A bill prompted by deadly prisoner releases by the state Department of Corrections is set for a vote Thursday in the Senate Law and Justice Committee, a year after the agency revealed it had turned loose some 3,000 violent and dangerous prisoners ahead of schedule.
Senate Bill 5294, sponsored by committee chair Mike Padden, R-Spokane Valley and vice chair Steve O’Ban, R-University Place, would enact sweeping recommendations for reform made by the committee, following one of the most extensive investigations in the history of the Washington State Legislature. The bill would:
- Establish that DOC’s primary duty is to protect public safety.
- Create an independent “ombuds” office to investigate complaints, monitor the agency’s performance, and advocate reforms. The new office would deal with concerns raised by employees, inmates and their families.
- Require the Department of Corrections to hand-calculate release dates if it has any reason to believe a sentencing calculation error has been made.
- Require DOC to inform the governor and the Legislature about any backlog in requests for information-technology fixes.
- Require the Joint Legislative Audit and Review Committee to conduct a performance audit of the agency’s information technology and records departments, and make recommendations about proposed fixes.
- Reinforce state law assigning the governor ultimate responsibility for the conduct of all offices under his control, and require the governor to ensure they perform their duties as prescribed by law and ensure personal and professional and personal conflicts of interest are avoided.
- Create a legislative task force to simplify criminal sentencing – without reducing sentences.
- Enact reforms to the State Employee Whistleblower Program overseen by the state Auditor’s office.
“This tragic case continues to haunt us today,” Padden said. “Two people might still be alive were it not for the bureaucratic indifference of the Department of Corrections. The worst part is that this isn’t the only example of a systemic management failure at DOC – it’s just the one we have heard the most about.”
O’Ban, who helped lead last year’s inquiry, said, “Our independent Senate investigation of the DOC made one thing abundantly clear. The DOC needs reform and greater transparency. We are hopeful the DOC will embrace the reforms of this bill to help restore the public's confidence in this vital public safety agency.”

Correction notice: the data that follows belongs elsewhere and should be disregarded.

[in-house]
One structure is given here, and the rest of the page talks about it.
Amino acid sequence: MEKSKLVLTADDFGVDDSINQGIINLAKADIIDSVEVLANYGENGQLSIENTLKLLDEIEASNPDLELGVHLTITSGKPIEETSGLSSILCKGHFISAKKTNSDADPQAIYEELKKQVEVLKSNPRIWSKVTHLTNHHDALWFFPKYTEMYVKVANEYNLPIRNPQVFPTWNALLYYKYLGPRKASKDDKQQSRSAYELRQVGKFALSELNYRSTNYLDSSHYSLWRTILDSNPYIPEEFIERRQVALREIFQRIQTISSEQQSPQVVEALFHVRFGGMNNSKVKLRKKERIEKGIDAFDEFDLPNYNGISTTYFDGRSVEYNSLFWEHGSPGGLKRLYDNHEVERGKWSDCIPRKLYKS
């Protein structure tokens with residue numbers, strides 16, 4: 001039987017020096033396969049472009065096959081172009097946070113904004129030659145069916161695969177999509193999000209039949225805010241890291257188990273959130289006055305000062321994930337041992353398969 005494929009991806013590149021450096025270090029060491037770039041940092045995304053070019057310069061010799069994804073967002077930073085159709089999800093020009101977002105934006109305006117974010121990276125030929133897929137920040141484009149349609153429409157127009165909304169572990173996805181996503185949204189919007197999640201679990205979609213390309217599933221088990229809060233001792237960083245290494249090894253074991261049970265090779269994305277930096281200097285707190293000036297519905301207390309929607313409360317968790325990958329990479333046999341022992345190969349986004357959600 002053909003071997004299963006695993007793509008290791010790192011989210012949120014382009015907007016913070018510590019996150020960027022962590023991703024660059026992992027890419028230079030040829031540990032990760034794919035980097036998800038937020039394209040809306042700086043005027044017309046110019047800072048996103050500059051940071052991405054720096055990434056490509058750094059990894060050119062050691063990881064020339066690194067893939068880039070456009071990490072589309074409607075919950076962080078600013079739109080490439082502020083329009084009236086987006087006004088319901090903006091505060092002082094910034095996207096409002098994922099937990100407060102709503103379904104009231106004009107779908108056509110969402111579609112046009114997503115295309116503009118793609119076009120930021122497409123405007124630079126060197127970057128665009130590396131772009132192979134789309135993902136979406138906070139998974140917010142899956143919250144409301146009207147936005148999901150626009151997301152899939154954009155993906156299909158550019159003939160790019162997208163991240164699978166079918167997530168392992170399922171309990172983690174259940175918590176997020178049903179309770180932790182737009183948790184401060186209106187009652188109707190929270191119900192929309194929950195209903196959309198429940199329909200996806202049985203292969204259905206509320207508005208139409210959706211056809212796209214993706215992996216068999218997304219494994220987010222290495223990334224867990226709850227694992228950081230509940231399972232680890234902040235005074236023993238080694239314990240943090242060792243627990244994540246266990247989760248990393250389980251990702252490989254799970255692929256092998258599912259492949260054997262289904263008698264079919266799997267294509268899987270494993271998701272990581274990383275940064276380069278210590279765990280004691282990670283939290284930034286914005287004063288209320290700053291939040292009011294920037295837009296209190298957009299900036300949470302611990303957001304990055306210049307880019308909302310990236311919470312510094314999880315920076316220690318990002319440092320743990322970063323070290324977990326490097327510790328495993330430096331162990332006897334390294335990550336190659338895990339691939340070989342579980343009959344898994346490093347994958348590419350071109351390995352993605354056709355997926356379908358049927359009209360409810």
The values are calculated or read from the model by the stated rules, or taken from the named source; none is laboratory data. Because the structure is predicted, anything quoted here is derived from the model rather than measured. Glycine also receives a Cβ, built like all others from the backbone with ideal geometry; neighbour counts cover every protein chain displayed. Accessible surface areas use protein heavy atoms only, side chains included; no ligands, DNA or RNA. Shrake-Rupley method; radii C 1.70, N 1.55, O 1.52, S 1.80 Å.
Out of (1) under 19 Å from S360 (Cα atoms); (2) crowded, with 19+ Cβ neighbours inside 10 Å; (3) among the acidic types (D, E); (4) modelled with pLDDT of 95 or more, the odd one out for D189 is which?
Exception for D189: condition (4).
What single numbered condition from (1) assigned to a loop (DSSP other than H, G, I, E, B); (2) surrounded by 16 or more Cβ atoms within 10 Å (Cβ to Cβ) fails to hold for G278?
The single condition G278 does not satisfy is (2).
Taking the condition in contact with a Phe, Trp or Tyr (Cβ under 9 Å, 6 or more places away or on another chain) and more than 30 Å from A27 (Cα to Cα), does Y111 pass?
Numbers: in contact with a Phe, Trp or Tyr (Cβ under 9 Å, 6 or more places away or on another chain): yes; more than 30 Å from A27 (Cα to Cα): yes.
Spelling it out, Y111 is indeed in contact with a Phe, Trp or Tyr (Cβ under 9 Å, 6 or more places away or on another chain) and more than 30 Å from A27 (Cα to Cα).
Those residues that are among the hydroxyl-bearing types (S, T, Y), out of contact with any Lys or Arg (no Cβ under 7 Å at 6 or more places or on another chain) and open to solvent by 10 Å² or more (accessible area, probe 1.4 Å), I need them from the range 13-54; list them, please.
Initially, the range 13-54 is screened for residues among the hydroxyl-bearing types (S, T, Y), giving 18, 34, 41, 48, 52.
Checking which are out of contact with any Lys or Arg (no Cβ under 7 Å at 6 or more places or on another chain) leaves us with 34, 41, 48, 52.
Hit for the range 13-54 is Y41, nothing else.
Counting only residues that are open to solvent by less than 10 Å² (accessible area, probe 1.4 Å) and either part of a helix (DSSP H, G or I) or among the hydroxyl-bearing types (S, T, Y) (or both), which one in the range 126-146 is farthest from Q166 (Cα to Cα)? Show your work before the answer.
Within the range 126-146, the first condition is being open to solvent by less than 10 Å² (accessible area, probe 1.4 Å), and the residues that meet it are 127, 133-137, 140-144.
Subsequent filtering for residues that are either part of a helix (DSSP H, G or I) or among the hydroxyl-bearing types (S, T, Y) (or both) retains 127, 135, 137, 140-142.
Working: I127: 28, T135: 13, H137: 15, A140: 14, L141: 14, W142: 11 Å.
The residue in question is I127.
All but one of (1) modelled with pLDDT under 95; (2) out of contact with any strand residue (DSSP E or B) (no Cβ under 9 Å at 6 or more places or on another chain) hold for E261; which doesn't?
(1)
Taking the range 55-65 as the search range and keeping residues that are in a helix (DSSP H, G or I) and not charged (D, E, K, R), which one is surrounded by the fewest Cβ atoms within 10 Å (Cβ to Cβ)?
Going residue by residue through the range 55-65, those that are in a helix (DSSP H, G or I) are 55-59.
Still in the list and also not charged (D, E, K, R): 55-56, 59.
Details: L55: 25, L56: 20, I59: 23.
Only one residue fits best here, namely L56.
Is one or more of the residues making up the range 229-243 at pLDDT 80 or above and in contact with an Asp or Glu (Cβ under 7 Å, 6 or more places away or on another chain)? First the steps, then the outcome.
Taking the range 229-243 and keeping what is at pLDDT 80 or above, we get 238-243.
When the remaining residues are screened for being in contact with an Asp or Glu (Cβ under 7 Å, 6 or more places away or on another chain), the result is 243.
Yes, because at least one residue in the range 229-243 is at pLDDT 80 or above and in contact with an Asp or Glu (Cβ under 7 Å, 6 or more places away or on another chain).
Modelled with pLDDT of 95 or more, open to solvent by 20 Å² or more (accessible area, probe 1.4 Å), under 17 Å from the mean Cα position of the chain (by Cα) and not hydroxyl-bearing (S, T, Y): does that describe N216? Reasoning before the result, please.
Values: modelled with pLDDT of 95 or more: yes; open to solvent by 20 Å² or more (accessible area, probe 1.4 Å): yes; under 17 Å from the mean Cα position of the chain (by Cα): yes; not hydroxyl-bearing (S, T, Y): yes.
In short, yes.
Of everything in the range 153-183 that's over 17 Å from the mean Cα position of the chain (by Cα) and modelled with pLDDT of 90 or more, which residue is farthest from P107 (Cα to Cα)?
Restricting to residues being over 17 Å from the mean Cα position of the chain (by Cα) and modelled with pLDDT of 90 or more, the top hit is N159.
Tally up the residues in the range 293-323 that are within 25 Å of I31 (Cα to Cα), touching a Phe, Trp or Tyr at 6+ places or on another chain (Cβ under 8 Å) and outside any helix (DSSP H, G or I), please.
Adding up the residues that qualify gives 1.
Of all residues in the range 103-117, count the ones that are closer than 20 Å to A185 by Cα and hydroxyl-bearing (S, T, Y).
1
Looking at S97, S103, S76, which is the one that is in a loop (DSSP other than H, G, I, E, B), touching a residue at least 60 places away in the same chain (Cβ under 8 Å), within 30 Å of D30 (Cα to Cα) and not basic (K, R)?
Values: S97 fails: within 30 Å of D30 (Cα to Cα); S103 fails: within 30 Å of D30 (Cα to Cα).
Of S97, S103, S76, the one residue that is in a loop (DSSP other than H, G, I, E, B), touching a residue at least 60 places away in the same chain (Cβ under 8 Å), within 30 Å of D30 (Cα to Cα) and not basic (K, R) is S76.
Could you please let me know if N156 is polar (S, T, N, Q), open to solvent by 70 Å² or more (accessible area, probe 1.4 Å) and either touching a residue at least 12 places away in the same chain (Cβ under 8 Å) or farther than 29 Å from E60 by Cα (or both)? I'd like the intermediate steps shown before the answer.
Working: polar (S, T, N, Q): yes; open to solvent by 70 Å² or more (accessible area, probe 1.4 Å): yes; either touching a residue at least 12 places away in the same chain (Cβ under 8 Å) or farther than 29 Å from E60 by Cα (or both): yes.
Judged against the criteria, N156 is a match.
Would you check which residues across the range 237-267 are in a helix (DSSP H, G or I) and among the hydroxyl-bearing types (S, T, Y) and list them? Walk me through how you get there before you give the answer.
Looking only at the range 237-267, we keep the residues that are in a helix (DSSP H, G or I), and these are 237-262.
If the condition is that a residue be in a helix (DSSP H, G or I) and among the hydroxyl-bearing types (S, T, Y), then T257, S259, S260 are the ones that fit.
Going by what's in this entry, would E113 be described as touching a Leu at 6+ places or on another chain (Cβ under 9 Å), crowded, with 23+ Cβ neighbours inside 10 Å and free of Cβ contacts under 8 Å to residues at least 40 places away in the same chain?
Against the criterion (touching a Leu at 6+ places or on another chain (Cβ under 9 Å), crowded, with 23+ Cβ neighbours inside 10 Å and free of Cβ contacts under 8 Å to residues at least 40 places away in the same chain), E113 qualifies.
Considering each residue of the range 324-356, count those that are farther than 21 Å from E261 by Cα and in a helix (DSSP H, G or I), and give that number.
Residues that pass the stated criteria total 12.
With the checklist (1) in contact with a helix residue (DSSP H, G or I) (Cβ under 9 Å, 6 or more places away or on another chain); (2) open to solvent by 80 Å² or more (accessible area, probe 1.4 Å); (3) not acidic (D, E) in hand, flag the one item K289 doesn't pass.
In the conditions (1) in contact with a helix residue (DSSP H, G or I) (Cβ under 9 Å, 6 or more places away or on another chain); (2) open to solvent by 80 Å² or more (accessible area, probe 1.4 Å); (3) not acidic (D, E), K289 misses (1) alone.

Two deaths and numerous crimes have been linked to the agency’s early releases of prisoners, which occurred over a 13-year period starting in 2002. The releases, disclosed to the public in December 2015, involved inmates convicted of armed crimes and sexual violence. The early releases averaged 59 days but ranged up to nearly two years. The initial mistake was caused by an error in computer programming, but it was compounded a decade later when corrections employees learned of the problem. Their request for a software fix was delayed three more years and the releases continued.
A full accounting of the impact of the early releases has never been completed, though an incomplete analysis released by DOC last year indicated that at least 29 offenders committed new crimes when they should have been in prison.
Last year, a report commissioned by Gov. Jay Inslee pinned the blame on mid-level employees, largely exonerated upper managers, and was silent about the responsibility of the governor’s office to supervise the agency. A broader-ranging independent investigation by the Senate Law and Justice Committee established that top DOC executives had sufficient knowledge to take action, yet failed to do so – and they displayed a remarkable lack of curiosity when middle managers flagged the matter to their attention. Instead, they continued to divert agency time and resources to an ambitious and still-unfinished computer project.
The Senate investigation, utilizing sworn testimony and subpoena power, also established that the governor’s office had sufficient knowledge of the early-release issue to make inquiries, and that it ignored other red flags of management problems, including heavy turnover in the agency’s IT department and reorganizations that made no sense. The investigation also found that a personal relationship between former Corrections Secretary Bernie Warner and a senior member of the governor’s staff may have discouraged inquiries because the conflict of interest was not addressed appropriately.
The committee offered its recommendations last May after issuing a report of approximately 1,000 pages.
“It is hard to imagine a more egregious failure of management oversight,” Padden said. “And now that we have had a year to consider reforms, it is time for us to take action to prevent such a tragedy from recurring.”
As part of its investigation last year, the Senate committee sought comments from the more-than-10,000 employees of the Department of Corrections. Many said agency managers targeted front-line employees who dared to criticize management practices. The point was underscored at a Feb. 9 Law and Justice hearing on Padden’s reform measure. Teri Herold Prayer, a former DOC researcher, said she was demoted and faced other retaliation after she made a whistleblower complaint regarding fraudulent data used in submitting a research grant application. Ultimately she settled a lawsuit against the state, but said the settlement barred her from future state employment.
“The cost for telling the truth is too great,” she said. “I am now having to look for work in other states. I will have to leave my family and friends. At my age, finding employment is going to be difficult at best. The message my settlement sent to the DOC staff and all state employees is either keep your mouth shut or risk your career for telling the truth.”